Steven Joyce


Talisa Dean 13/10/23

Restaurant St. Barts

We went to St. Barts.

And it was, for want of a better word, a saintly experience…

…with a rather unique twist.

It comes from the team who run the restaurant luminary Nest in Hackney (messirs Johnnie Crowe, Luke Wasserman and Toby Neill) and you’ll find it in a tranquil Farringdon courtyard backing onto London’s oldest church – the cloisters of St. Bartholomew The Great. As settings go, it’s hard to beat. It’s also a perfect way to lead you into the experience itself, as it literally surrounded the restaurant with an air of relaxed serenity.

restaurant st barts

Steven Joyce

Wandering in, you’ll find yourself in their warm, welcoming, candlelit bar area. You’ll be perched up at a small, misshapen wooden table hand-carved from fallen London plane trees, and sink into a sheepskin chair. This is where your evening will start, and where the first seven courses – yes seven – of your tasting menu will come, while you sip cocktails and a glass of wine or two (the barrel aged negroni is really quite something). The waiter will give you a small brown envelope containing the menu, and leaving it to you as to whether you decide to look or not.

Food at Restaurant St Barts.

After that, the parade of dishes will start. Each bite is a delicate little wonder all of its own, ranging from a gorgeously frilly, crisp onion tart speckled with goats cheese, to a plate of house-cured Mangalitza salami, a satisfyingly brittle cod fritter, a meltingly good Welsh wagyu tartare, and a pair of brightly flavoured beetroot meringues clasped around a floral slice of Lapsang tea jelly.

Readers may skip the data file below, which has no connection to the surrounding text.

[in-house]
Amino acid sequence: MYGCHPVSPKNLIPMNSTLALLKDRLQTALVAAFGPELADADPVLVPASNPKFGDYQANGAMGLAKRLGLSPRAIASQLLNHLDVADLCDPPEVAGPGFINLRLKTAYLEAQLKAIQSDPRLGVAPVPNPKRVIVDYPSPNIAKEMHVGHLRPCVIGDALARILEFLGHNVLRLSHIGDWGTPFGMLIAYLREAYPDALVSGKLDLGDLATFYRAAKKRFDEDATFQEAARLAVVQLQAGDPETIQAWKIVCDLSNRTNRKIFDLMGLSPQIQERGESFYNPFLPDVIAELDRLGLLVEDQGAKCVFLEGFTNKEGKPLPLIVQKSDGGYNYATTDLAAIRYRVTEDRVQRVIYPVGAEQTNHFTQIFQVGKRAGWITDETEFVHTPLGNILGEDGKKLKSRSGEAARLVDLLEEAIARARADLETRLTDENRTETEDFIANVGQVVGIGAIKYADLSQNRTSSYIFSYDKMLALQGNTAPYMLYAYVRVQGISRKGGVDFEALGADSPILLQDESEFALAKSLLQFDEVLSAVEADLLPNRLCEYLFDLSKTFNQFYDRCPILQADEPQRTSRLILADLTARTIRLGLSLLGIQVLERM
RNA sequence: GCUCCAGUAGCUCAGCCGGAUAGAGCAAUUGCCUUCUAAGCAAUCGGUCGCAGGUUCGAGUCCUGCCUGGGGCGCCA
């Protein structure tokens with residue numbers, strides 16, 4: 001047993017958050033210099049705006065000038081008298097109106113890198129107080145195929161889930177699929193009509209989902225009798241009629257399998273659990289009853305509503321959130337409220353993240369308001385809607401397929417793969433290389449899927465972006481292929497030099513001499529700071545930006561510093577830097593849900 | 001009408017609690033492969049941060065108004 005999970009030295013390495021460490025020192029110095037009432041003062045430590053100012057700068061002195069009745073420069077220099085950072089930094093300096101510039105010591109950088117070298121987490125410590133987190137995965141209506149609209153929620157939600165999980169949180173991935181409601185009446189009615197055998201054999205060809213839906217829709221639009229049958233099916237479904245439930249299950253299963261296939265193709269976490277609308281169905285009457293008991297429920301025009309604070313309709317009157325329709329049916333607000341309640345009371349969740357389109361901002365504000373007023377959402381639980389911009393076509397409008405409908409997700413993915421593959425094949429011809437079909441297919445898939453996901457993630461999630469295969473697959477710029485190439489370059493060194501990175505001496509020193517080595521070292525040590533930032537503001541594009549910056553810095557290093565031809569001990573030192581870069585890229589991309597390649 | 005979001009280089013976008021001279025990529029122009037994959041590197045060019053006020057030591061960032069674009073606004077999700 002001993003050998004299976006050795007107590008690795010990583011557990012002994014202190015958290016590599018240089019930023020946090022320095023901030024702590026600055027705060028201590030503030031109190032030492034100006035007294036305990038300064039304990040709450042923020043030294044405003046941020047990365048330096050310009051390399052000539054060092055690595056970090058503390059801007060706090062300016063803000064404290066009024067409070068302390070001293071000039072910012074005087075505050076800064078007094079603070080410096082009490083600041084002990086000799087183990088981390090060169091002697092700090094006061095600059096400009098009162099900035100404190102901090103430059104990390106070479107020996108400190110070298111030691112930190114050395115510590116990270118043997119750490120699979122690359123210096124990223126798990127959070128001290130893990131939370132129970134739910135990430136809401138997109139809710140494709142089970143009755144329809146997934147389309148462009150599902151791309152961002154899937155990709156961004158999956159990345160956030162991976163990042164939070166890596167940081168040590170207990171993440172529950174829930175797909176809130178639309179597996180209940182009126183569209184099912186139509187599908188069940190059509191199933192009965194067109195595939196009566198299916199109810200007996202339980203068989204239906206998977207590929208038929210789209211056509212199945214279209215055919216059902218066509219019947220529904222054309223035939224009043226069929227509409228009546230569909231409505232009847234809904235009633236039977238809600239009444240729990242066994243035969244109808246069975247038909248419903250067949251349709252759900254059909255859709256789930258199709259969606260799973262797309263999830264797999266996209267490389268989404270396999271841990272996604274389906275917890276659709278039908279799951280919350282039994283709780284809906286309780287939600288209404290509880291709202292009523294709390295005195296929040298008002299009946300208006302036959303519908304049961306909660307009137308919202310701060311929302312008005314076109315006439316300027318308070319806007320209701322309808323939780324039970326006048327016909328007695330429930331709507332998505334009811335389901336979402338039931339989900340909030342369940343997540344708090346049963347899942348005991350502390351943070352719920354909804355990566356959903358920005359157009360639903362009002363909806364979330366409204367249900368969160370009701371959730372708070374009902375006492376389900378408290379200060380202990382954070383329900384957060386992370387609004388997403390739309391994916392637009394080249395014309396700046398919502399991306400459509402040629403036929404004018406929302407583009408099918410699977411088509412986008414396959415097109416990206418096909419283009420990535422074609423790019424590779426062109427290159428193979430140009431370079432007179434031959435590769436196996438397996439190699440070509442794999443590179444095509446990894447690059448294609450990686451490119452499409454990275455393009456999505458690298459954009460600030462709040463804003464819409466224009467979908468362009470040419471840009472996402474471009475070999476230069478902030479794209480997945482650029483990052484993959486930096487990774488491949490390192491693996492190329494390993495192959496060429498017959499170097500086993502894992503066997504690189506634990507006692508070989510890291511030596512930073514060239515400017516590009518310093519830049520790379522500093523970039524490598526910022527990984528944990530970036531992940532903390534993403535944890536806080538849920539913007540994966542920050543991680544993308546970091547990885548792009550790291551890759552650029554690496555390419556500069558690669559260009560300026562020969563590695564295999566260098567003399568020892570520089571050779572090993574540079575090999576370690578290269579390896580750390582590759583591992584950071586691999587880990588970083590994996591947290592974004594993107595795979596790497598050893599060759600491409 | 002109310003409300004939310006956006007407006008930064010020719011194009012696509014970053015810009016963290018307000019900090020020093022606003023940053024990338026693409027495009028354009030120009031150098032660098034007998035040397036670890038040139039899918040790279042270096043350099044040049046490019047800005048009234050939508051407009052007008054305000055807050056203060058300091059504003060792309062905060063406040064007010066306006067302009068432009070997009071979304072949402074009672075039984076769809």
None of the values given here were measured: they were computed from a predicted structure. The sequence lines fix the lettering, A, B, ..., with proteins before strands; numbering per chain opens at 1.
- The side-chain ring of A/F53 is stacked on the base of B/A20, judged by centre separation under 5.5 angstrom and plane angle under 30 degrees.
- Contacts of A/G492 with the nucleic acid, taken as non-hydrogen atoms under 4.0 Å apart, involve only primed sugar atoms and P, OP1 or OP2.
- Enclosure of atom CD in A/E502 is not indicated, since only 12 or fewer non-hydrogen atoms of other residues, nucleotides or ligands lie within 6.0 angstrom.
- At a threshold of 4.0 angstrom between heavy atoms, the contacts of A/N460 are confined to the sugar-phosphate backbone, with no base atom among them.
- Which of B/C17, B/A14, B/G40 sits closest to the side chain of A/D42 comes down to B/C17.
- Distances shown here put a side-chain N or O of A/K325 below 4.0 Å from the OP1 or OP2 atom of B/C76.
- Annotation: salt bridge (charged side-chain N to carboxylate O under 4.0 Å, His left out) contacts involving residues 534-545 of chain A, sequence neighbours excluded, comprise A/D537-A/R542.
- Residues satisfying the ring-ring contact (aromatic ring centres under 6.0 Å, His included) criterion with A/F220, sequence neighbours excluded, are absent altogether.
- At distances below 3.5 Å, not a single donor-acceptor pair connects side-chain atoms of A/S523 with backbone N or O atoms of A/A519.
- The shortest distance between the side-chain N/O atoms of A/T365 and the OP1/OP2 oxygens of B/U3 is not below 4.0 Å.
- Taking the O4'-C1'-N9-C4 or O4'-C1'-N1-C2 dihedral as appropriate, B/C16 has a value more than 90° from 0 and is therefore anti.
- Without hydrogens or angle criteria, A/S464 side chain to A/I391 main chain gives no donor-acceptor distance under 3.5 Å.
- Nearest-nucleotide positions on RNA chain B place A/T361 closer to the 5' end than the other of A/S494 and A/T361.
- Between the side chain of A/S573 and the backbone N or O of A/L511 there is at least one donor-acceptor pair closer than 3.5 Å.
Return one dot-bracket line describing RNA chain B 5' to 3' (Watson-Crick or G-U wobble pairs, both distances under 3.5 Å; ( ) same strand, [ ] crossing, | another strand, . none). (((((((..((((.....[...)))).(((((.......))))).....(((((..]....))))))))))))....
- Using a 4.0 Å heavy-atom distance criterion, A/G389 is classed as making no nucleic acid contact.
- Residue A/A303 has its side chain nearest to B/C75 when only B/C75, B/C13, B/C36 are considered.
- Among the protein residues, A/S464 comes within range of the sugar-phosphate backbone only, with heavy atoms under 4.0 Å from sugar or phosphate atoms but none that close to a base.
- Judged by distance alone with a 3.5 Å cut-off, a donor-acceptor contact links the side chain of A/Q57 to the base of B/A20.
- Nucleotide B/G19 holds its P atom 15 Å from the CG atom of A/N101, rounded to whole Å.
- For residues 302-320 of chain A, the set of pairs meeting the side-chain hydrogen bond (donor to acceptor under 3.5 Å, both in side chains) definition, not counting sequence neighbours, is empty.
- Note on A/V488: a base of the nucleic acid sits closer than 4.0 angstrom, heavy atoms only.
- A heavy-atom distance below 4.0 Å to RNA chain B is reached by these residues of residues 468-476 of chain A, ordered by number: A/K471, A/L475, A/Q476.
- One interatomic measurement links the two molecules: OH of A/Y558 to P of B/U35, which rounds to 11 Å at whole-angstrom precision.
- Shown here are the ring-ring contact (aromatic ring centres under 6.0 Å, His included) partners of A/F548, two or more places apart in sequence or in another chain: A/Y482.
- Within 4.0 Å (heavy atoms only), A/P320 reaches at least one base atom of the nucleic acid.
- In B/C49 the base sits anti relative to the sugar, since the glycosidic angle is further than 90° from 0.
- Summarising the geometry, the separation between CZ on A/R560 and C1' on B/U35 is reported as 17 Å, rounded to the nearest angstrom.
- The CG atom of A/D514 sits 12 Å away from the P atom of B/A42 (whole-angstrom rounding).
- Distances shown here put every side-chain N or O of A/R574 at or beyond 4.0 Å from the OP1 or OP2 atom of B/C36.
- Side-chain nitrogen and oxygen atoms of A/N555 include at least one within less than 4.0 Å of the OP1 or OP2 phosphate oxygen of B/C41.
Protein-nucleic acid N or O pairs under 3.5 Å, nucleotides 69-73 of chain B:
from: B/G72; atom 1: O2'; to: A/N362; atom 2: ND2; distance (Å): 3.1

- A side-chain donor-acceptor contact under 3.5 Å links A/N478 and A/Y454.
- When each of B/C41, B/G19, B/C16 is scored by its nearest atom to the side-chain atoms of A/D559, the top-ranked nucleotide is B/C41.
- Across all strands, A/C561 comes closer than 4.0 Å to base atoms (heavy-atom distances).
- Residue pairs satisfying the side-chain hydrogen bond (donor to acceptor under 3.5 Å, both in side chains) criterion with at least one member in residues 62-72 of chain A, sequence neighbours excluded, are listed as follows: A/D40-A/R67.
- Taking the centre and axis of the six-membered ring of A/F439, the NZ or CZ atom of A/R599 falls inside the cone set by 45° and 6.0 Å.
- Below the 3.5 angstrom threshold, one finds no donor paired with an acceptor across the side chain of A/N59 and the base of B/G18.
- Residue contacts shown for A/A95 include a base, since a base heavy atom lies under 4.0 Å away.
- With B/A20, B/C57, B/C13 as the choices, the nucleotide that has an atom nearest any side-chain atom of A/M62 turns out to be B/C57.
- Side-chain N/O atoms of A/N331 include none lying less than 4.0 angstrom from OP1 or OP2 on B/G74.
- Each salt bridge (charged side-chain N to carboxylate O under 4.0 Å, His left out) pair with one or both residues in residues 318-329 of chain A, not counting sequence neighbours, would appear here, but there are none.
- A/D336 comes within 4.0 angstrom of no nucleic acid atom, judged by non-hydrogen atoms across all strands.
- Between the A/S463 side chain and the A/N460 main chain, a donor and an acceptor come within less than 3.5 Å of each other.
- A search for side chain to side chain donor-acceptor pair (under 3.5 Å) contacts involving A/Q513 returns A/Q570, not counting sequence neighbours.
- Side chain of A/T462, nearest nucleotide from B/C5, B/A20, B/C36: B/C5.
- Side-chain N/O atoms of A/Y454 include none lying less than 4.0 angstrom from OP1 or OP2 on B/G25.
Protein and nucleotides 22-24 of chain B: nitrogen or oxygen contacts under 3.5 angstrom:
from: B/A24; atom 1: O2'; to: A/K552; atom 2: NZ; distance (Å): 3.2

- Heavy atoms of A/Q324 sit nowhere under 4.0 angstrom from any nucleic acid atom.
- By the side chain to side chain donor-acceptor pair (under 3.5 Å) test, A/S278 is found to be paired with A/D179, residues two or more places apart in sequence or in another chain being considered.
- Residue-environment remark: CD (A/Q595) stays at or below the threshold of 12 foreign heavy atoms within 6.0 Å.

Then, at roughly the half way point of your evening, you’ll be moved around the corner to the dining area. Here they’ve got a view out over the cloisters themselves (which are beautifully lit up at night), while the space itself is a Nordic-style feast of wood & stone.

restaurant st barts london

Steven Joyce

And speaking of feasts, then come the main courses. All six of them. Plus dessert. And that’s not counting the intensely rich bowl of grey mullet broth you’ll get to shift your palate into a higher gear. After that, expect the likes of delicate flakes of crab steeped in a mace & nutmeg foam; BBQ sweetcorn porridge decorated with pickled girolle mushrooms; a rather stunning slice of cod blanketed in truffles; a wedge of perfectly cooked, fat-laced duck breast cut through with a bracing crown of berries; and an impossibly tender fillet of beef with marrow wrapped in allimus leaves. At this point, you might just catch yourself thinking that this is one of the most impressive meals of your life, and you won’t be the only one to have done so – the Michelin man has bestowed a Star on St Barts only half a year after opening.

After twin desserts of plum kernel ice cream and a slice of lavender & honey cake, you’ll get a little fabric bag with a stout-glazed bun to warm up in the oven for tomorrow’s breakfast.

Like we said, saintly.


NOTE: The 15-course menu costs £140 per person with the option to tack on wine for an extra £100. For the lunch brigade, bargain hunters and those who aren’t quite comfortable spending three figures on dinner yet, there’s also a £70 and £110 lunch menu made up of the highlights. You can book HERE.

Restaurant St Barts | 63 Bartholomew Close, London EC1A 7BG

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Restaurant St. Barts

63 Bartholomew Close, Barbican, Barbican, EC1A 7BG

9.0 | Amazing